Trailering to the water and back is part of a day on the water for most fishing boat owners. The quality Shoreland’r trailer under most new Alumacraft models is well-designed and does not require much care, but a simple breakdown can still ruin your day. Here are some tips any trailer-boater can use.
Tires and Wheel Bearings
Don’t let tire trouble leave you stranded at the side of the road or put you in a dangerous situation.
- Check Tire Pressure: A failed tire due to low air pressure is probably the number-one cause of trailer trouble. Heat builds up in a tire with low pressure and can cause the tire to delaminate and suddenly fail, which can be a scary situation at 70 mph. Tires will naturally lose a small amount of air pressure each month, so it’s especially important to remember to check the tires, including the spare, after the trailer has been sitting unused over the winter. Then check again occasionally during the season. Inflate to the maximum rating on the tire or as listed on the capacity sticker on the trailer, which may be 60 psi or more.
- Carry a Spare: Not all boat trailers come with a spare tire. If yours did not, your Alumacraft dealer can help you order a mounted tire and a carrier. Travel with tools and a jack you can use to change a flat.
- Tire Wear: Periodically check your trailer tires for wear and for age. Tires that are more than six years old should be replaced, according to the National Transportation Safety Board. The last four digits of the DOT code on the tire sidewall indicate the month and year the tire was made; “2120” would indicate the tire was made in the 21st week of 2020. The tires under your trailer should all be ST (Special Trailer) type tires, not regular vehicle tires.
- Wheel Bearings: Failed wheel bearings are another common cause of trailer trouble. The bearings may get rusty if they are contaminated by water. Again, this is often an issue in the spring if the bearings were wet when the boat was parked for the off-season, and replacing a wheel bearing at the side of the road is no fun. Most boat trailers are equipped with wheel bearing protectors with a spring-loaded piston to hold grease in the wheel hub under light pressure. This prevents water from entering the hub and bearing assembly when the boat is launched. Check your trailer’s owner manual for details on maintaining the bearing protectors.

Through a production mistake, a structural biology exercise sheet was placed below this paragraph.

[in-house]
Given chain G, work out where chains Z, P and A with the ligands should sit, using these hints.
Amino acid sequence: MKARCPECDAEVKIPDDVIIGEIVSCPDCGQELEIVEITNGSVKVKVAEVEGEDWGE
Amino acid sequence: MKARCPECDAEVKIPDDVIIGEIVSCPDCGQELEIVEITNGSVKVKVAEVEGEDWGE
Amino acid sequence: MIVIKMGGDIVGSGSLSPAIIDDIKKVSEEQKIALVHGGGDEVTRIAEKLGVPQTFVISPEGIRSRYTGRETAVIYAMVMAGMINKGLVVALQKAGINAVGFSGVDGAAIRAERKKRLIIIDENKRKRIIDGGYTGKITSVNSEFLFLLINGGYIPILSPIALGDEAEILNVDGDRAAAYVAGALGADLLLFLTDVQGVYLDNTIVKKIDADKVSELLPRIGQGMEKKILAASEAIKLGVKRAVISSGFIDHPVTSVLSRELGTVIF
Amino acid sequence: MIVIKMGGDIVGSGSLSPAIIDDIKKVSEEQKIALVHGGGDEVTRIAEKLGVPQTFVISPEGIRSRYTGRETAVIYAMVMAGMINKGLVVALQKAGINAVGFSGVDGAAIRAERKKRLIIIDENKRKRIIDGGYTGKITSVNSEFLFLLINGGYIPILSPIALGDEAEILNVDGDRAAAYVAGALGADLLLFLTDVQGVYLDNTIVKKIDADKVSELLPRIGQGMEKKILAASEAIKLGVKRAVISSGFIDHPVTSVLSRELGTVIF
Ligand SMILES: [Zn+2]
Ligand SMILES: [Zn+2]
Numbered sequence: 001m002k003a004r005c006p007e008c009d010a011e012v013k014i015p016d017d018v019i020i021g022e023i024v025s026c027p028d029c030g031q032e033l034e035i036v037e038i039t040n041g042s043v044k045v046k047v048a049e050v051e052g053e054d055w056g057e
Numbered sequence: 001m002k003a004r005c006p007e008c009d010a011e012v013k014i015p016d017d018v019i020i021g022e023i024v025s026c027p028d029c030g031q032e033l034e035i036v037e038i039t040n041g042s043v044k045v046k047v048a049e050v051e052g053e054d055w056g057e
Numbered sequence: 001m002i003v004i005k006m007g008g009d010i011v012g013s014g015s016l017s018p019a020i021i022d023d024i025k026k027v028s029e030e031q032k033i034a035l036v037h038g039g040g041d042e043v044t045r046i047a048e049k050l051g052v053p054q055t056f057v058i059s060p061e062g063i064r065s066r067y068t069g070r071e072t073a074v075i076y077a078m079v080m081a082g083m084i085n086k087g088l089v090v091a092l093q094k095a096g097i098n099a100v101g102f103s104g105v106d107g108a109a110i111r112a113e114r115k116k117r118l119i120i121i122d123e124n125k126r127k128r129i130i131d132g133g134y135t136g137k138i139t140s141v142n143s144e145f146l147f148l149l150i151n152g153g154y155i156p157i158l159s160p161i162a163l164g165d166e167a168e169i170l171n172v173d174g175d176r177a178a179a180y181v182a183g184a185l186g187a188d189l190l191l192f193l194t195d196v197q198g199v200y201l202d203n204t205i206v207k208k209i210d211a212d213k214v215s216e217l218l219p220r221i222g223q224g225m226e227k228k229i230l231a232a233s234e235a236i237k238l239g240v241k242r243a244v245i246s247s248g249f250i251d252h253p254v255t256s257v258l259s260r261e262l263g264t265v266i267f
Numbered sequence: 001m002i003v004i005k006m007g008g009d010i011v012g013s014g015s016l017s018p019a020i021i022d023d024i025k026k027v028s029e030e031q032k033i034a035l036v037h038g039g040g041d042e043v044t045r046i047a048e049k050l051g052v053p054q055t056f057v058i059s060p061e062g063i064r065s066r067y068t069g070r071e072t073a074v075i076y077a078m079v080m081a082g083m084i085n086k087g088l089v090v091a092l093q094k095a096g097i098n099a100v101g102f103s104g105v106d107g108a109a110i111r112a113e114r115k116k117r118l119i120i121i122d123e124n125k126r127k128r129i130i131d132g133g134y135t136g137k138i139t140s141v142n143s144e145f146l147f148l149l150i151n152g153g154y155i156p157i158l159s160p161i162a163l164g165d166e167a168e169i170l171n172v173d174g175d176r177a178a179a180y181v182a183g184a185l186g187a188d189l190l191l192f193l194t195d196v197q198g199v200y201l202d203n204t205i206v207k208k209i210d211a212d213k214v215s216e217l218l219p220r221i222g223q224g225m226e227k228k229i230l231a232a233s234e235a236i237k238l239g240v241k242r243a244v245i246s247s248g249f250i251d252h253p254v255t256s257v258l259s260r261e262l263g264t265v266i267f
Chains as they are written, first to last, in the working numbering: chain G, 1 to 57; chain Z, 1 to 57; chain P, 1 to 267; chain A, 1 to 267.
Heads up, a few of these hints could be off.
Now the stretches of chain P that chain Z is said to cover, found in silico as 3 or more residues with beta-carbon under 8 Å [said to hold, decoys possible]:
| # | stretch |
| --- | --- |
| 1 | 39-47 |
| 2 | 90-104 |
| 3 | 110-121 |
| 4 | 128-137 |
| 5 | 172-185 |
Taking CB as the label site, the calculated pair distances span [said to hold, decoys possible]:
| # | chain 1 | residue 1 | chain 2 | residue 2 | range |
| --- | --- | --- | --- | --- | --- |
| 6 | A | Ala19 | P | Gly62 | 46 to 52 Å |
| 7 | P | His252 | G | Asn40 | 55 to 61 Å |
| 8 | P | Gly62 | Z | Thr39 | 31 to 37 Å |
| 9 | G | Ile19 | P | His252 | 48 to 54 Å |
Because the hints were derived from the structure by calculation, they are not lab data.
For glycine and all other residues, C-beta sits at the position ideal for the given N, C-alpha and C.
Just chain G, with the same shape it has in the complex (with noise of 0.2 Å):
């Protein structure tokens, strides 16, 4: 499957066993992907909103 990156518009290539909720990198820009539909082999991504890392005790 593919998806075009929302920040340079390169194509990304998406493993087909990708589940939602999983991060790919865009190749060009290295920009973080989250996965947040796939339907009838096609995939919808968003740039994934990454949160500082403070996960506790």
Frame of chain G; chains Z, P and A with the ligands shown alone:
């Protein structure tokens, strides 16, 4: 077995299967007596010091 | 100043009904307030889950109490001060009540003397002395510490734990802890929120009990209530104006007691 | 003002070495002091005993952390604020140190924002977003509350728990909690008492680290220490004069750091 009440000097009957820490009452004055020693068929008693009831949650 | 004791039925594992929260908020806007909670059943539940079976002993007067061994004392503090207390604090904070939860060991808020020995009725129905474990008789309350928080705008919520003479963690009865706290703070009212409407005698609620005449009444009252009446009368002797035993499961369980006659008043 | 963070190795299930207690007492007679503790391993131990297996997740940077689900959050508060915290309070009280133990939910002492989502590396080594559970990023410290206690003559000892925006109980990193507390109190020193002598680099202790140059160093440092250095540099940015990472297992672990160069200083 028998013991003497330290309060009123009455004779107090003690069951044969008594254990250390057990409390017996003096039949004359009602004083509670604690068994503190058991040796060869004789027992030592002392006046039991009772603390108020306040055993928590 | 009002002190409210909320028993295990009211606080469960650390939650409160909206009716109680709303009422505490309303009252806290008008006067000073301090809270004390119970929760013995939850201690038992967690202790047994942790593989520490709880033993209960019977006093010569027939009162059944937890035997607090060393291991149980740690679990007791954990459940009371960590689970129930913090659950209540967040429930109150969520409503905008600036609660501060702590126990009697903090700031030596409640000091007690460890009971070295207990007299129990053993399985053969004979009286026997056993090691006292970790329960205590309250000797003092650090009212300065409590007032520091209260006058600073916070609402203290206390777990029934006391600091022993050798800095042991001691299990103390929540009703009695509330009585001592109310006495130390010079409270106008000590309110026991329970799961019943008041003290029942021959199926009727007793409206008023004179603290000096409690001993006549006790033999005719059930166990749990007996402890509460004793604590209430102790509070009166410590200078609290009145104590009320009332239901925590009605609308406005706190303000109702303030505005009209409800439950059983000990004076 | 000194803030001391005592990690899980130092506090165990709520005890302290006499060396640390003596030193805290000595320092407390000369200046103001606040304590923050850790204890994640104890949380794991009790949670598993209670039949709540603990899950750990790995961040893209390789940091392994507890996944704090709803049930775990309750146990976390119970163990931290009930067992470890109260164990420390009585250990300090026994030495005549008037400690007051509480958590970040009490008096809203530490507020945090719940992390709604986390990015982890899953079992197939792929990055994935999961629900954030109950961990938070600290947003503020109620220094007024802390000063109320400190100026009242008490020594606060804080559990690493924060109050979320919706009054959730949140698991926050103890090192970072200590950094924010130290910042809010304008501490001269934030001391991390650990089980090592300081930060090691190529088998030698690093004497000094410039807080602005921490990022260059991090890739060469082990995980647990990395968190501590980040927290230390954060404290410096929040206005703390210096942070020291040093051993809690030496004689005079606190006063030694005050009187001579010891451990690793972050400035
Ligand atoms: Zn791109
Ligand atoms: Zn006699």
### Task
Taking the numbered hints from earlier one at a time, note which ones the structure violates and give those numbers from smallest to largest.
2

All but the lightest boat/trailer combinations will be equipped with brakes (in some states all trailers must have brakes) which will require some maintenance over time to ensure safe performance.
- Brake Pads or Shoes: Trailer brakes may be disc-type (with brake pads) or drum-type (with shoes), both of which wear with use, just like the brake pads on your tow vehicle. Have the pads or shoes inspected every few seasons.
- Brake Fluid: The brake fluid reservoir in the master cylinder on the trailer tongue should be checked during the season, following instructions in the trailer owner’s manual. Fluid level will go down as the pads wear. If the level is suddenly very low you could have a leak in the brake system, which should be repaired immediately.
- Trailer Coupler: The surge brake actuator on a boat trailer is part of the coupler assembly (the part that fits over your trailer hitch ball) and it may require occasional lubrication to work smoothly. See your owner’s manual for details.
You should check all of your trailer lights every time you hook up the trailer; never assume that because they were working the last time you towed they will be working this time. When you are towing a boat the signal lights on your tow vehicle will likely not be visile to vehicles behind you. Working lights are critical for everyone’s safety.
- Get Grounded: A bad ground is the most-common cause for trailer light failure. That’s the white wire, and it may be secured to the trailer frame with a small screw or bolt. The ground needs a good, clean contact with the frame to work. Remove the screw or bolt and use sandpaper to clean any rust off the contact point so the ground is touching bare metal.
- Bulbs: Most new trailers have LED lights that should never age, but the incandescent bulbs in older trailer lights will burn out and need to be replaced. The light sockets are also prone to corrosion. Apply a dab of dielectric grease to the socket when replacing the bulbs to prevent corrosion.
With a little trailer maintenance Alumacraft fishing boat owners can head to the launch ramp with confidence and return home safely.